Tops on the list is defenseman Cale Makar of UMass, who was picked fourth overall by the Colorado Avalanche in the 2017 NHL draft. Buccigross said there is speculation that he could join the Avalanche for the playoffs right after the Frozen Four.

“He would step right into their lineup," said Buccigross. "He could have played in the NHL this year. He is the star of college hockey this year.”

Buccigross sees Denver goalie Filip Larson, a sixth-round draft choice of the Detroit Red Wings in 2016, as another potential NHL player.

He also expects Minnesota-Duluth defensemen Scott Perunovich and Dylan Samberg to make it in the NHL.

“This is the year of the defensemen in college hockey,” said Buccigross. “It is a defensive-minded season, a defensive-minded Frozen Four. There are no real superstar forwards like we’ve had in the past.”

Buccigross saw his first Frozen Four when he worked at a Providence TV station before joining ESPN in 1996, was immediately hooked and thinks Buffalo hockey fans will be too if they head to KeyBank Center.

“It is a little bit of a different hockey experience than an NHL game,” he said. “It is a different atmosphere with bands, all of these different hockey sweaters. If you are a hockey fan, I really think if you’ve never been to one before I would definitely take it in for the same reason you go on a sightseeing tour on vacation. To see something and experience something you haven’t had before. I would do it if you were a sports fan, but certainly if you’re a hockey fan I would give it a shot.”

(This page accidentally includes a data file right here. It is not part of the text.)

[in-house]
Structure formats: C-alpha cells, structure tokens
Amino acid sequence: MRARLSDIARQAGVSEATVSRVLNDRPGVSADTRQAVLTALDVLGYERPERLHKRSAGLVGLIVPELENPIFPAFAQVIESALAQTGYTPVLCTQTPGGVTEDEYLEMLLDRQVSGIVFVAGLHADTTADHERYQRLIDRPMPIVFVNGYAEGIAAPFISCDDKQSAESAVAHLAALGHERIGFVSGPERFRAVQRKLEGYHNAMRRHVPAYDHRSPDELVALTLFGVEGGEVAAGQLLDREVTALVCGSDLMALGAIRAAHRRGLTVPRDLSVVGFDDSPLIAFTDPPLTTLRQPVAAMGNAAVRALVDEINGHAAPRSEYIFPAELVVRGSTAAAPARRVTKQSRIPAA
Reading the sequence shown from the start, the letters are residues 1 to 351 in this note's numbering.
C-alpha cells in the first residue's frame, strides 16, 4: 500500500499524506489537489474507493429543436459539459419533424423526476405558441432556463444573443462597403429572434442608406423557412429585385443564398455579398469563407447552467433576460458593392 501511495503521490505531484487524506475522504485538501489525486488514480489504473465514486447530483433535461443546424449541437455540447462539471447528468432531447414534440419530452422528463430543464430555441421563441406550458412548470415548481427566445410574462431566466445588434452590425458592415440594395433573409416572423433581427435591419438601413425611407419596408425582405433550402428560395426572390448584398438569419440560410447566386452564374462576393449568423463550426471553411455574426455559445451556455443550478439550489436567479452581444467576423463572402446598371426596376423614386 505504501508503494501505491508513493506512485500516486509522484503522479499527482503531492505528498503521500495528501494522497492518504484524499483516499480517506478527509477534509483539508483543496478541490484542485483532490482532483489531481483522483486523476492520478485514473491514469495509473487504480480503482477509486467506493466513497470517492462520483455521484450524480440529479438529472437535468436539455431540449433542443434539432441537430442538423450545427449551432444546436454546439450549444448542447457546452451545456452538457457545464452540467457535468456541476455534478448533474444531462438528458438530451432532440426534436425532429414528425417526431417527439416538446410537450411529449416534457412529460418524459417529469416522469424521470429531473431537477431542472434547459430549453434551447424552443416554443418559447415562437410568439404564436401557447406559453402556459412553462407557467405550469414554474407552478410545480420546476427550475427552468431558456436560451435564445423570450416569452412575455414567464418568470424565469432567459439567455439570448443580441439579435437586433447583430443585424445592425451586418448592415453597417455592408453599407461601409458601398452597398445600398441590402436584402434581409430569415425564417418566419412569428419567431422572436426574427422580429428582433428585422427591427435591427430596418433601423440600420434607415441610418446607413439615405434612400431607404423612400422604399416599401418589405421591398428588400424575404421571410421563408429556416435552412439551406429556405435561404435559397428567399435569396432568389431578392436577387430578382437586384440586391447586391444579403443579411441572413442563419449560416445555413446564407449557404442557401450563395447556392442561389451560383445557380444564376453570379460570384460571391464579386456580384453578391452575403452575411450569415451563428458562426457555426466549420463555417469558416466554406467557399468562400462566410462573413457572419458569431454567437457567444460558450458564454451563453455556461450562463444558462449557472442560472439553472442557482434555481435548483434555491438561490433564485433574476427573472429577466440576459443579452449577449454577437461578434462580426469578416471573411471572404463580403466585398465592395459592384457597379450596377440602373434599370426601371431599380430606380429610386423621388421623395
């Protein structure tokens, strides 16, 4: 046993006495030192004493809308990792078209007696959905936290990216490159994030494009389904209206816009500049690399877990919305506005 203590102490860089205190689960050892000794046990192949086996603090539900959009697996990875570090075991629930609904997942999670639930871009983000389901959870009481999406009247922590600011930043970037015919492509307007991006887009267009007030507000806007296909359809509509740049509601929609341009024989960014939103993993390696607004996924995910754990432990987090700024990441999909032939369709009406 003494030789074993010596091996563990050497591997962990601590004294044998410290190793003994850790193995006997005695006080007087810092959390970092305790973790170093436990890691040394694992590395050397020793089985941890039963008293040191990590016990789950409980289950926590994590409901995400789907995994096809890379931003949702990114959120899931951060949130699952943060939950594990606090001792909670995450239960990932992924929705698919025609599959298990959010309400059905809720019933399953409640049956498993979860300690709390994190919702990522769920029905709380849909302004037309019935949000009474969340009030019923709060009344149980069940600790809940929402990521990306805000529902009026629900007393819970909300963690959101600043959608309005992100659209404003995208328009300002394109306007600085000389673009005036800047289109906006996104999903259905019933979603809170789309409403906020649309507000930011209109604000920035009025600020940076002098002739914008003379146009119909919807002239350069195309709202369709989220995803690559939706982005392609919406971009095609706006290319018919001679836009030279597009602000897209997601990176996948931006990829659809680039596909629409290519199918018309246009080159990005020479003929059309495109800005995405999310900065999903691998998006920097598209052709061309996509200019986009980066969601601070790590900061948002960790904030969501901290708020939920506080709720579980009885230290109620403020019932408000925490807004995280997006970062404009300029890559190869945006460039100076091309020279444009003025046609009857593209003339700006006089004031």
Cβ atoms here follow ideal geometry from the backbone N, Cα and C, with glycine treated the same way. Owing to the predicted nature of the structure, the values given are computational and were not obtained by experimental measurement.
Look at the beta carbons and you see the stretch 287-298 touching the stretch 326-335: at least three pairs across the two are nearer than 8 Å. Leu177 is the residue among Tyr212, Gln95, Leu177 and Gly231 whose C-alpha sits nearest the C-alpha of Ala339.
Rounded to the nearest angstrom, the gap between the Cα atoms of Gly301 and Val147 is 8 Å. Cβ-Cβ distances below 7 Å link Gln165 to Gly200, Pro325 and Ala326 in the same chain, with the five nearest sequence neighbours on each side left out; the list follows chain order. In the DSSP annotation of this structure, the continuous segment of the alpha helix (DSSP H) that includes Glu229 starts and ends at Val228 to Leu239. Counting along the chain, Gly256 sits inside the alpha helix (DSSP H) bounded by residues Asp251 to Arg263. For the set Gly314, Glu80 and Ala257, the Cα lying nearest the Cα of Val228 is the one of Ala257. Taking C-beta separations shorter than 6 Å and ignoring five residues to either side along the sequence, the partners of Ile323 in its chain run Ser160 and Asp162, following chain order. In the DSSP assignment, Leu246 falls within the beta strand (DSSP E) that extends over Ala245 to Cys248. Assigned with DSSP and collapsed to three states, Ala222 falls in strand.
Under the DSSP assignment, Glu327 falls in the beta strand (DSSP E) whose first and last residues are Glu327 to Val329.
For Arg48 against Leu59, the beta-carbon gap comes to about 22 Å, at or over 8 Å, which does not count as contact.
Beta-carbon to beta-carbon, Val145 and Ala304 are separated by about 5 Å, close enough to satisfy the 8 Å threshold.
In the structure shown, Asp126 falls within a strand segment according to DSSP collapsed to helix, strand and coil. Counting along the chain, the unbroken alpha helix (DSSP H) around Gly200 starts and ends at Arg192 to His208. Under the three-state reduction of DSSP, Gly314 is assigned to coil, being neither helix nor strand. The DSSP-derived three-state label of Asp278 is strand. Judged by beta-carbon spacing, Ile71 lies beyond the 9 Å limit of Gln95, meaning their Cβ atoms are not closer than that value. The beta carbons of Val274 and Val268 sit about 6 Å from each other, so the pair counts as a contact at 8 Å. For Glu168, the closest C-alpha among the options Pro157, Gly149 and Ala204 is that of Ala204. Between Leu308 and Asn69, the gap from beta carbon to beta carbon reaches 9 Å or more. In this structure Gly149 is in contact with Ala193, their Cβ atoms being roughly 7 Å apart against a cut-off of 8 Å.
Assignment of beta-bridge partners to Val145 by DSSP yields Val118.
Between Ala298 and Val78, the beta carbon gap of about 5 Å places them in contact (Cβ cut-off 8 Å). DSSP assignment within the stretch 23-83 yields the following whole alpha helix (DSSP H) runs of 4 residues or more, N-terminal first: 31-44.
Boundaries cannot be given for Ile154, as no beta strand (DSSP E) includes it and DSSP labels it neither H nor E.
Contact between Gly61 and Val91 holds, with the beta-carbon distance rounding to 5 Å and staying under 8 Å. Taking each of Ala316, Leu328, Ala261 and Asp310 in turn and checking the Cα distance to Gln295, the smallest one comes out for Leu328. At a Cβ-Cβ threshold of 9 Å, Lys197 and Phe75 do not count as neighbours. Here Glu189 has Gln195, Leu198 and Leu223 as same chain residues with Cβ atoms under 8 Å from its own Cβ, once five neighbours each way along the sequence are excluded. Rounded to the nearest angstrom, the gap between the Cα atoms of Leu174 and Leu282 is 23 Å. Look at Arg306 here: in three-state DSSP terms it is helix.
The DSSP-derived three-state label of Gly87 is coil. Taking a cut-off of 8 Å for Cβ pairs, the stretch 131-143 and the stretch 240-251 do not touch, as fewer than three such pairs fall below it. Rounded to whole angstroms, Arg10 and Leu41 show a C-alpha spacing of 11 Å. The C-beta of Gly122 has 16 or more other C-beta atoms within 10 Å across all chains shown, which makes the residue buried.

He does have one regret about this year’s Frozen Four.

“The big bummer for me is the Stanley Cup playoffs will be going on through the Frozen Four,” said Buccigross, who hosted NHL 2Night when ESPN carried the league's games. “That usually doesn’t happen. That certainly will hurt our ratings.”

Of course, choosing between a Frozen Four game and a Buffalo Sabres playoff game won’t be a problem since the Sabres failed the make the playoffs again.

“I didn’t think they were ready to make the playoffs before the season,” said Buccigross. “I want the Sabres to do well. I root for good hockey markets to do well. I think it is good for the game, it is good for the interest, it is good for the ratings. But I just didn’t think they were ready. I just didn’t think they had the full arsenal of talent and their goaltending was still unproven.”

He drove from his Connecticut home in 2014 to see Sabres star Jack Eichel play his first college game at Boston University and instantly determined he’d be an NHL star. He sees big things ahead for Eichel, who played in the Frozen Four in 2015 called by Buccigross when BU lost to Providence in the title game.

“He is shouldering the whole thing in there much like Connor McDavid in Edmonton,” said Buccigross, noting McDavid has only been in the playoffs once. “It is terrible for them, terrible for us (not to be in the postseason).

“But Eichel is a complete player. I do think he should score more, whether it is trying to figure it out himself or talking to coaches, the analytics to figure out how they can get him in position to score more. He has an unbelievable shot. He should be a 35- to 40-goal scorer.

“He is the real deal. He is going to win an MVP one year, and a scoring title. I do think in the end he is going to develop into an all-time great Hall of Famer, number-retired Sabre.”

Of all the things Buccigross said in the interview, I imagine Sabre fans would be singing that's "The One I Love.”